„Commerce, character, a nation`s best treasure, honor!“ – why the United States went to war in 1812
When Europe exploded in war in 1803, the United States became involved in European affairs once more. In 1806, France, and one year later Britain trampled on neutral rights by forcing other nations to cease trading with their enemy. On top of it, the British boarded American ships to seize sailors who had allegedly deserted from the Royal Navy. There-upon President Thomas Jefferson and from 1809 onwards James Madison initiated restrictive measures themselves, but the rivalries were only to become stronger. “In the end, unable to sustain peace, the United States chose war – a war, some have suggested, that ranks as the second war for independence.“ (128)
Attention shall be given less to the outcome or the consequences of that war, but to the forces and motives that drove America to war. The reasons for America`s decision have been debated by many historians, one stressing other motives than the other. I aim to show that factors like the social, political and commercial situation and the geographical expansion were all playing together and sometimes connected with each other. However, the motives for the War of 1812 are on a second look no longer based on domestic, political or commercial problems or due to expansionism, but reveal an underlying ideological crisis. The war was fought for the sake of the nation.
War in general is always not only a question of policy and power but also of the present state of the population, one may call it „zeitgeist“ or circumscribe it as the people`s social and cultural situation. At the end of the eighteenth century, the transformation of the society in “social perception, political judgement, economic endeavor, and private sensibility“ (Watts, 149) was fundamental and perhaps even more demanding than the fight for independence. For one thing, there was growth in every respect, economic and geographical. “A general aura of opportunity spurred an ethos of entrepreneurialism and self-made success.“ (Watts, 151) But the shift to a market economy and to competitive individualism came too sudden for some citizens and generated social and cultural anxieties. “For the nation as a whole, the war eased the transition to modern, market-oriented liberal capitalism.“ (Watts, 138)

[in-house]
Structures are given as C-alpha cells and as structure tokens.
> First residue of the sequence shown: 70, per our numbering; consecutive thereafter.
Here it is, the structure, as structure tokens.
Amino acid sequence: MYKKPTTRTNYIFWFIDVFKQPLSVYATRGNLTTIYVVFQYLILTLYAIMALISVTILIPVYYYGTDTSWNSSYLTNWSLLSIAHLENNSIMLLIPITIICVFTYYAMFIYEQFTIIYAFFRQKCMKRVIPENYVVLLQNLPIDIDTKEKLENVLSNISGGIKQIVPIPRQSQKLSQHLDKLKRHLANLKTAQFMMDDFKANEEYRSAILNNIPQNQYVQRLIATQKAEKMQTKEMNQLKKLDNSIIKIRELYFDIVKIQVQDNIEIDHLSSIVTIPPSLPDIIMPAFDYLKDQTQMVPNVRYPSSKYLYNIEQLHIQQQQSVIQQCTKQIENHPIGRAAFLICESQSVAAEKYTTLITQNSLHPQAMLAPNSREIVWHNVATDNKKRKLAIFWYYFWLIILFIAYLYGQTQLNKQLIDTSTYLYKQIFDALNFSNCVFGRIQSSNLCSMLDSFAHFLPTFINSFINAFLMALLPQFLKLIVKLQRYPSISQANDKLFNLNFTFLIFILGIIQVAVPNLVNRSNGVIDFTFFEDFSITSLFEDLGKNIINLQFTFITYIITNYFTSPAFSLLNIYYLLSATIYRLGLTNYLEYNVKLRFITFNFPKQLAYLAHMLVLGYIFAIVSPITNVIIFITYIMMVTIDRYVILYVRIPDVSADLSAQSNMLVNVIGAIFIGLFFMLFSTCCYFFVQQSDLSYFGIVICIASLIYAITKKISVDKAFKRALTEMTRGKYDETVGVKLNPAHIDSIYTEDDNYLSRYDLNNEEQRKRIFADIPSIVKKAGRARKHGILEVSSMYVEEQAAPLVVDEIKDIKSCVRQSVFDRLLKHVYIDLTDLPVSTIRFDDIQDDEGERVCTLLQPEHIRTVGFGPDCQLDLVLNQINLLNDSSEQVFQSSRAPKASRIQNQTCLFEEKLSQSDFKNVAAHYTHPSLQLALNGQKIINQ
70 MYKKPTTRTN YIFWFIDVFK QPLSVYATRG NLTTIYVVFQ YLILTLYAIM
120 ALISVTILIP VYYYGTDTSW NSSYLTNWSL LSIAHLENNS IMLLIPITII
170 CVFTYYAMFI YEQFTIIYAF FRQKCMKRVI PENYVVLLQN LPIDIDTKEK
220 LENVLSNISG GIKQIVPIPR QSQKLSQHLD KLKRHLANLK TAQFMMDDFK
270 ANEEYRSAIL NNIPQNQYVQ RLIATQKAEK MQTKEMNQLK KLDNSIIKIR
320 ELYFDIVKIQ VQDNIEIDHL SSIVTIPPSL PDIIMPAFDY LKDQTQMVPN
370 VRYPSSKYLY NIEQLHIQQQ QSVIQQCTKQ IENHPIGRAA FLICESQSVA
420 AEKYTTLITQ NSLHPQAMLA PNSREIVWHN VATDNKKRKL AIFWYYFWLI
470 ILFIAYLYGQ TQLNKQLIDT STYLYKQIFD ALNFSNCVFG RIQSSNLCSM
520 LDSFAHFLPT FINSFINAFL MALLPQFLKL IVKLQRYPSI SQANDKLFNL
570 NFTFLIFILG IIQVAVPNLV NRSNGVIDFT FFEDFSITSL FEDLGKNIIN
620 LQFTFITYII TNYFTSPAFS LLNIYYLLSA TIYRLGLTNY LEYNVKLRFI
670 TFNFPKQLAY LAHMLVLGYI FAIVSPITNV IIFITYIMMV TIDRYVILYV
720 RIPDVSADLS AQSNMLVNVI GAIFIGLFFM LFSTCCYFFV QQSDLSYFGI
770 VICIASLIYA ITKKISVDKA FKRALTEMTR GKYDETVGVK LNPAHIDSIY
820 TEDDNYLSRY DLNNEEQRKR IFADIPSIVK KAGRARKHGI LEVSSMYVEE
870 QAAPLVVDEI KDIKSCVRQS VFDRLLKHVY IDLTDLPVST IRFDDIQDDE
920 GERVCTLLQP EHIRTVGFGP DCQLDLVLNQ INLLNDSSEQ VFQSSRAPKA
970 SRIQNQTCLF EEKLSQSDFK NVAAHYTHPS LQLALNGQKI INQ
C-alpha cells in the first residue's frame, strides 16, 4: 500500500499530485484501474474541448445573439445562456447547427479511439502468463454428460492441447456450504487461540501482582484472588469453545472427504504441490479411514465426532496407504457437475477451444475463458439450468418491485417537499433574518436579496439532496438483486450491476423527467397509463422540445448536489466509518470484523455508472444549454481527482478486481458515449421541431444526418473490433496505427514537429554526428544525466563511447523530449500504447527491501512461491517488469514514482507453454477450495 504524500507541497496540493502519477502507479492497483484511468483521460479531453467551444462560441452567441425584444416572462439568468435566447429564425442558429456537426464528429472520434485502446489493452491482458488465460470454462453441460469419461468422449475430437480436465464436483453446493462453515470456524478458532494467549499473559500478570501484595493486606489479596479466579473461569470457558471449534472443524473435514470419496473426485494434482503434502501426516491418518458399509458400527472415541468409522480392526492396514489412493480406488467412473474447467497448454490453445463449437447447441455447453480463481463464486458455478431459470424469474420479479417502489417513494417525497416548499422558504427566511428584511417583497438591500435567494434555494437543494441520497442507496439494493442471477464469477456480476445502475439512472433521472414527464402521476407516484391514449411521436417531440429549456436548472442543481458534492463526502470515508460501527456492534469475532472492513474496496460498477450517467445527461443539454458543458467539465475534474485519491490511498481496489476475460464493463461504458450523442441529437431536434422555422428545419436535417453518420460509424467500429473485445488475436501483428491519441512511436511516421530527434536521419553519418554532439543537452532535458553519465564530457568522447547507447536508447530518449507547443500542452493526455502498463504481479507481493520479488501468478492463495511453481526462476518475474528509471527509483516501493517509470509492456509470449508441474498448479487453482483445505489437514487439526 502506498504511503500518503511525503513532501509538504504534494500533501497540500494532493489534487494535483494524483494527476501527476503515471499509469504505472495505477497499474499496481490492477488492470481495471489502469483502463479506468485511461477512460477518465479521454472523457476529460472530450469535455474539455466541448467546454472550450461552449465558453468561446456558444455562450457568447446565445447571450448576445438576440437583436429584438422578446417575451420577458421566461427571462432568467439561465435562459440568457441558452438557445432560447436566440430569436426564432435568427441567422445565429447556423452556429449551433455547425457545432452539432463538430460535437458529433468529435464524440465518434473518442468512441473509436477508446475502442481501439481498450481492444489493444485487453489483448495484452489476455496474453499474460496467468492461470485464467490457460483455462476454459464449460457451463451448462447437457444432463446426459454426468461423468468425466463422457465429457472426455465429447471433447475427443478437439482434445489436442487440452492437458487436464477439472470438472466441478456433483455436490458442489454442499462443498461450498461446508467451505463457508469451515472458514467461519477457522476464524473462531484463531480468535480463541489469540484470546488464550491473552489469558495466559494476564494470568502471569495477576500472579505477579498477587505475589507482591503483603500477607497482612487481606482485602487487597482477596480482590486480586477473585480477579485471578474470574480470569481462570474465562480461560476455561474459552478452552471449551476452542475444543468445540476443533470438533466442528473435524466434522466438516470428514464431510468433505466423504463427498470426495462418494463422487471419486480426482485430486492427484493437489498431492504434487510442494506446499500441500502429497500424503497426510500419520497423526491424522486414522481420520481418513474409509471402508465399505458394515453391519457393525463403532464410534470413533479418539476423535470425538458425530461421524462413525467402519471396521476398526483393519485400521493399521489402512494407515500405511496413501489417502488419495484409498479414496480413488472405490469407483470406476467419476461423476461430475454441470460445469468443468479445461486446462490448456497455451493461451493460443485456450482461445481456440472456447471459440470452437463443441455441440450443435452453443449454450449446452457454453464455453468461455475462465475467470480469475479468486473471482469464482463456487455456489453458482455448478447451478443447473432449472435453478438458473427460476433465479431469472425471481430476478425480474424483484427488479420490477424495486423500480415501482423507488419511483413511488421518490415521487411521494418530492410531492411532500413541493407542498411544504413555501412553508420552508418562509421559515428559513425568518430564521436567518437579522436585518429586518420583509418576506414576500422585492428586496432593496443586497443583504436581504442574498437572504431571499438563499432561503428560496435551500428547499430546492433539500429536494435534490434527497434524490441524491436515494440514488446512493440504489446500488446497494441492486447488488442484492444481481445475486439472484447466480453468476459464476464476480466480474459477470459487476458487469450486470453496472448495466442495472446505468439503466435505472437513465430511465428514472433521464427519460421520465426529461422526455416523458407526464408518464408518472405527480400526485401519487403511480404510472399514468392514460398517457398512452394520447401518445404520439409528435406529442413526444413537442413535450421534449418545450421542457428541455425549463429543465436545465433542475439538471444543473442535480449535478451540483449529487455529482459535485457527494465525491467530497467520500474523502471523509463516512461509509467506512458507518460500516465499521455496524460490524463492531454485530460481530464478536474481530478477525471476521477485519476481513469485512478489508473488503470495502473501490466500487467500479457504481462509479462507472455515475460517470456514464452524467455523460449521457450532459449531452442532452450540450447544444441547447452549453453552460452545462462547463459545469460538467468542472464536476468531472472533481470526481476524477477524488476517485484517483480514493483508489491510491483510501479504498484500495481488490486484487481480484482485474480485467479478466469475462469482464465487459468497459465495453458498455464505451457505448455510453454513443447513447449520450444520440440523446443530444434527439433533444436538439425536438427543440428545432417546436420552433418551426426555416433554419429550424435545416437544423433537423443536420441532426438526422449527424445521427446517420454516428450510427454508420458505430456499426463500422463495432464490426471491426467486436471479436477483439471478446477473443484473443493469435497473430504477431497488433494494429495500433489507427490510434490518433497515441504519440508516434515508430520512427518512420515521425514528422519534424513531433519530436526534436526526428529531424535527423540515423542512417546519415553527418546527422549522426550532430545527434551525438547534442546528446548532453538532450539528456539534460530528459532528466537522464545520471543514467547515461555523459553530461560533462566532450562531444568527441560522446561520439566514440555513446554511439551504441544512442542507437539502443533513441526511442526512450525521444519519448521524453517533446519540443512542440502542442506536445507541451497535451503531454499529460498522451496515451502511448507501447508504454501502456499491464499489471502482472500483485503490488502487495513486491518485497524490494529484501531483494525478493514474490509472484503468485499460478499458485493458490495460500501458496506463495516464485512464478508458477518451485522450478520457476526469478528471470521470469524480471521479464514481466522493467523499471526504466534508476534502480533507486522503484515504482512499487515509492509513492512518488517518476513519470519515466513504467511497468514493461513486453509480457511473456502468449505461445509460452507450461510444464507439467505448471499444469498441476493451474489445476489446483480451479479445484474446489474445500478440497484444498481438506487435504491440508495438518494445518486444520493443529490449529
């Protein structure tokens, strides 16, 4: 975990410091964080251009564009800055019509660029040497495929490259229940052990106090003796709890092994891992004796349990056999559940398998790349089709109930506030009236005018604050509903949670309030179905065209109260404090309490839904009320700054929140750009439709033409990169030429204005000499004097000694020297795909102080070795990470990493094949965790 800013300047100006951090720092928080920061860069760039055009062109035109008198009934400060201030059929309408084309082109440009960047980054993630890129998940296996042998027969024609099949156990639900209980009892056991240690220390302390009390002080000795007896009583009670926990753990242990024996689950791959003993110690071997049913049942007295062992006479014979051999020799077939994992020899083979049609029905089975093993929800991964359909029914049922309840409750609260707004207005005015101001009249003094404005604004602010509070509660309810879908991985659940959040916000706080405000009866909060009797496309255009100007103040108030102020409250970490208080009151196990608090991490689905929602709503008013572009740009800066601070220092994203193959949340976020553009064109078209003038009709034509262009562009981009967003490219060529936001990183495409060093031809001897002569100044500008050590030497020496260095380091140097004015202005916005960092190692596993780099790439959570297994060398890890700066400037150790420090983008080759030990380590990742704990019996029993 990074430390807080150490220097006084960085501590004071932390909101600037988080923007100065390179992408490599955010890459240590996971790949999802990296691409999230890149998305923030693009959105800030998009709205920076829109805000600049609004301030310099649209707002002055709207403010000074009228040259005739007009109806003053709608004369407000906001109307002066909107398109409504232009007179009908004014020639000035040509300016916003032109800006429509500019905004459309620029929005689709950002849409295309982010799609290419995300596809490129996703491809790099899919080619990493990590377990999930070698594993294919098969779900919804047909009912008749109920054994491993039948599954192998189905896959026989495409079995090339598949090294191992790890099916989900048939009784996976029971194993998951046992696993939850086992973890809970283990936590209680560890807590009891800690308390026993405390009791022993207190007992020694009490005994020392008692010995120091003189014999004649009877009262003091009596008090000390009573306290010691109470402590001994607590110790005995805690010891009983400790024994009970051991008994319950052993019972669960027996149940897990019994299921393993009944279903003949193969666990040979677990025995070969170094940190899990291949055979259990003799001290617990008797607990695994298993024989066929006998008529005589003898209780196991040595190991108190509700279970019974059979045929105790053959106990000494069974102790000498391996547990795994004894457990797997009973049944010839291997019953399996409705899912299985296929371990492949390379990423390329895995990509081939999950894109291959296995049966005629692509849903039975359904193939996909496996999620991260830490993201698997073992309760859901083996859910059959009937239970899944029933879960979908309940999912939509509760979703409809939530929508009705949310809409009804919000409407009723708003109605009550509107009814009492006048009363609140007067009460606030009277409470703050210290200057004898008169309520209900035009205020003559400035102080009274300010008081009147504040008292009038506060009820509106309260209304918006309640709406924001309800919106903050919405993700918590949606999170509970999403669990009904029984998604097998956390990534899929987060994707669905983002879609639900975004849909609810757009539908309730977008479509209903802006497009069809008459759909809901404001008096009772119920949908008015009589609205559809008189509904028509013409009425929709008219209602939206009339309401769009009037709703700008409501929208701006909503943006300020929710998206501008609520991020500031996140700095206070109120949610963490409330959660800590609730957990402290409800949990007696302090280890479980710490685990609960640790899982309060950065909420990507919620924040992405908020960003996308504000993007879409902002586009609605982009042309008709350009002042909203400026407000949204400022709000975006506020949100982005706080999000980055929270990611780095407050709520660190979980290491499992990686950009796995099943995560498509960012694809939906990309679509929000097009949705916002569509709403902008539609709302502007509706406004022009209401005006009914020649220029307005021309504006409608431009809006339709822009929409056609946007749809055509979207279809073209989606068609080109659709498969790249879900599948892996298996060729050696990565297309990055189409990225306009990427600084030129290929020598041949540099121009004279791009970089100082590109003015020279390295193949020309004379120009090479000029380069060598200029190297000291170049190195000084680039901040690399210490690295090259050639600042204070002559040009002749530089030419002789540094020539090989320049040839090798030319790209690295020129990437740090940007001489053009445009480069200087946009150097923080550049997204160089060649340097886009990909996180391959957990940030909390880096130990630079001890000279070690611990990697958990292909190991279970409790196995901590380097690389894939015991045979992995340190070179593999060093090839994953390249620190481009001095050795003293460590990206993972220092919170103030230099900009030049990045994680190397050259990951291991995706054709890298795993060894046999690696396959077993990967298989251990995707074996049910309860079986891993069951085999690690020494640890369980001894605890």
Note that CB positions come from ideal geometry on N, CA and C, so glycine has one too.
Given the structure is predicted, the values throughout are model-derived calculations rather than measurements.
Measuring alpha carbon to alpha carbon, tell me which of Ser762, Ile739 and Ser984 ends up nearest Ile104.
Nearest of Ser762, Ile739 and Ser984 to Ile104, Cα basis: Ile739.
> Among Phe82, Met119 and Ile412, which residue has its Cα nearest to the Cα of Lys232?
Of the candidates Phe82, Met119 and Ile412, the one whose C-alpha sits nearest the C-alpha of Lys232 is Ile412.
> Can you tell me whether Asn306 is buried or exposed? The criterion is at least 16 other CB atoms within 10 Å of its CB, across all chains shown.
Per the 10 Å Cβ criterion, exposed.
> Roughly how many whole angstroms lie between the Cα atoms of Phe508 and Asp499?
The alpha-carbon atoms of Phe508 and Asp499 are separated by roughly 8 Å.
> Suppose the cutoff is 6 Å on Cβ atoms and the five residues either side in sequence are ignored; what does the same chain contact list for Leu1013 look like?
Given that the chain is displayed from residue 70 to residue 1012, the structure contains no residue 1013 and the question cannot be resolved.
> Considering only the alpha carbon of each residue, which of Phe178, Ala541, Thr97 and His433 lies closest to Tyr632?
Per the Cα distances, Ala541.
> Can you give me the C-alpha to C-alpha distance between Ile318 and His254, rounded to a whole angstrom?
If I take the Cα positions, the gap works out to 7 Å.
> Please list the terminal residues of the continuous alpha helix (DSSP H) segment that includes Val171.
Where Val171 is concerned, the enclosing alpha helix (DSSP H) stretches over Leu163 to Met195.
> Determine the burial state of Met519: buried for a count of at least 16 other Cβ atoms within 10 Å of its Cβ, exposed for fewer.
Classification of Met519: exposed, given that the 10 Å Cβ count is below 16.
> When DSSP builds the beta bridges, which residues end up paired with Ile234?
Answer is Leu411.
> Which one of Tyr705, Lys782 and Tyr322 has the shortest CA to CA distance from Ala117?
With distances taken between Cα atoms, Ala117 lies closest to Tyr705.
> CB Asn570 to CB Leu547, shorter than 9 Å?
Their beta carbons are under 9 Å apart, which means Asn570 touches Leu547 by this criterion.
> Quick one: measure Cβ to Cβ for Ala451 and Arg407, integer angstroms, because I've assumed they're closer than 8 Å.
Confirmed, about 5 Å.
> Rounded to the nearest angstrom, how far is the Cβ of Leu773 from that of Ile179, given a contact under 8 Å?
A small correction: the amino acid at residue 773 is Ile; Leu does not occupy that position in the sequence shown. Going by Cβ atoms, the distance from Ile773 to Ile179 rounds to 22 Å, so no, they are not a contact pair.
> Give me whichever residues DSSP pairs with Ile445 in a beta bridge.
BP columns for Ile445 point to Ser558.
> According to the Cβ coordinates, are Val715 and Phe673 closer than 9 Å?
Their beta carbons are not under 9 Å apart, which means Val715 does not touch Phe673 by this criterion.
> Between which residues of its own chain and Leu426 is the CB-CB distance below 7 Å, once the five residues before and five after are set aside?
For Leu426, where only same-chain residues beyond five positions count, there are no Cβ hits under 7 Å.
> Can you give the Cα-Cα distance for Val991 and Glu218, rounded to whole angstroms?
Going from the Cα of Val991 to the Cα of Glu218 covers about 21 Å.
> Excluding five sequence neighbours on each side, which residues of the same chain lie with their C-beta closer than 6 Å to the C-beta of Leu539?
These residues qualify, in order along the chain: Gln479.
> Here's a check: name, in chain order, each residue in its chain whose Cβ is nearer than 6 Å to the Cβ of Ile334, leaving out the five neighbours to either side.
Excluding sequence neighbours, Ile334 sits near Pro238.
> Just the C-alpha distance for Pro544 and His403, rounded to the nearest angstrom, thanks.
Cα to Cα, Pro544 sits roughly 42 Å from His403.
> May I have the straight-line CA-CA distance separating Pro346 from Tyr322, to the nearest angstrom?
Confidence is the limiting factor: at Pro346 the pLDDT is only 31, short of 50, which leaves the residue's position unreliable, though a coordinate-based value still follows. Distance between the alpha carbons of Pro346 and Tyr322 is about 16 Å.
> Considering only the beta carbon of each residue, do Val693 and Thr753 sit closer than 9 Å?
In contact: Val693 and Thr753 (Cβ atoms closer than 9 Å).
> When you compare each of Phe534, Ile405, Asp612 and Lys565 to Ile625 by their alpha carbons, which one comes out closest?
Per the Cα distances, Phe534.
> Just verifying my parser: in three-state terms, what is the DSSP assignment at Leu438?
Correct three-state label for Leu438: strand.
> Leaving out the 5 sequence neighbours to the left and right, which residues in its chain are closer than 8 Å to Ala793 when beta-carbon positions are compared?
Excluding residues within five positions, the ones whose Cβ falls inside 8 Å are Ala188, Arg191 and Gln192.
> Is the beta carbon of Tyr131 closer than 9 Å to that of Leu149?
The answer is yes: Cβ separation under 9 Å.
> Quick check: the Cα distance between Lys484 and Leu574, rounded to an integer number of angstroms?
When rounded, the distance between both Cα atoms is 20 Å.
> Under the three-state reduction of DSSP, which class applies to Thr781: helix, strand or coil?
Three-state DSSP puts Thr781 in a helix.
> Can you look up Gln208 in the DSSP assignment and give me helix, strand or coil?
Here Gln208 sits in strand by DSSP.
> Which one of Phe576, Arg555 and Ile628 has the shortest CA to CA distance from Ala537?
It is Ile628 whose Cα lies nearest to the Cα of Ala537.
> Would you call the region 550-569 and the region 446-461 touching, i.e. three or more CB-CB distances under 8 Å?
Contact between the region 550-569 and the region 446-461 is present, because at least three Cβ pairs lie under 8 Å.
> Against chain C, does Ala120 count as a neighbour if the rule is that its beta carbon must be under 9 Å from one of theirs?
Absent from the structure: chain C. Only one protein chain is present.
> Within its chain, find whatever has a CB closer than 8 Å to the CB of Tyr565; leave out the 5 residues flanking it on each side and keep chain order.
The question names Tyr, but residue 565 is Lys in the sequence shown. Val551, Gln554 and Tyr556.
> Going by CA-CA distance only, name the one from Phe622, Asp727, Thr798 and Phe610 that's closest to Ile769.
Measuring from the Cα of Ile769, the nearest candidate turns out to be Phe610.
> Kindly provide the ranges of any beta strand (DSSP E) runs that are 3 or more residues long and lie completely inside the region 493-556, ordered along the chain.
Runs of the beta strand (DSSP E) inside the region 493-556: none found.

There were also fears of greed and dissipation, and as a consequence a deep yearning for solidarity. Americans deeply felt the need to revitalize and unify themselves during a time of wrenching domestic transformation and foreign threat. Therefore “[…] many Americans welcomed war as a way to test and affirm their core values, unite the nation through patriotic fervor, and revitalize a noble American character challenged by commercial greed.“ (Watts, 138) Summing up, it may be said, that indeed “[…] the attraction that war holds for Americans has sprung […] more from some fundamental national dynamic of social psychology, cultural aspiration, and sense of collective experience.“ (Watts, 148)
Important to mention is the aspect that the war was to be directed against Britain, America`s archfoe. “[…] For many citizens the British confrontation appeared as an immense blank slate on which they wrote their hopes and fears.“ (Watts, 148) And the causes of this projection can be found in the historical change in the early-nineteenth-century Republic.
 Major Problems in American Foreign Relations . Eds. Dennis Merrill and Thomas G. Paterson. 5th ed. Vol. 1. Boston/New York: Houghton Mifflin, 2000. 133.
Henry Clay said this as a response to the question „[…] what are we not to lose by
peace?“ in the document „Henry Clay Articulates U.S. grievances Against Britain, 1811“
- Quote paper
- Nina Eckert (Author), 2002, Why the US went to war in 1812, Munich, GRIN Verlag, https://www.grin.com/document/115470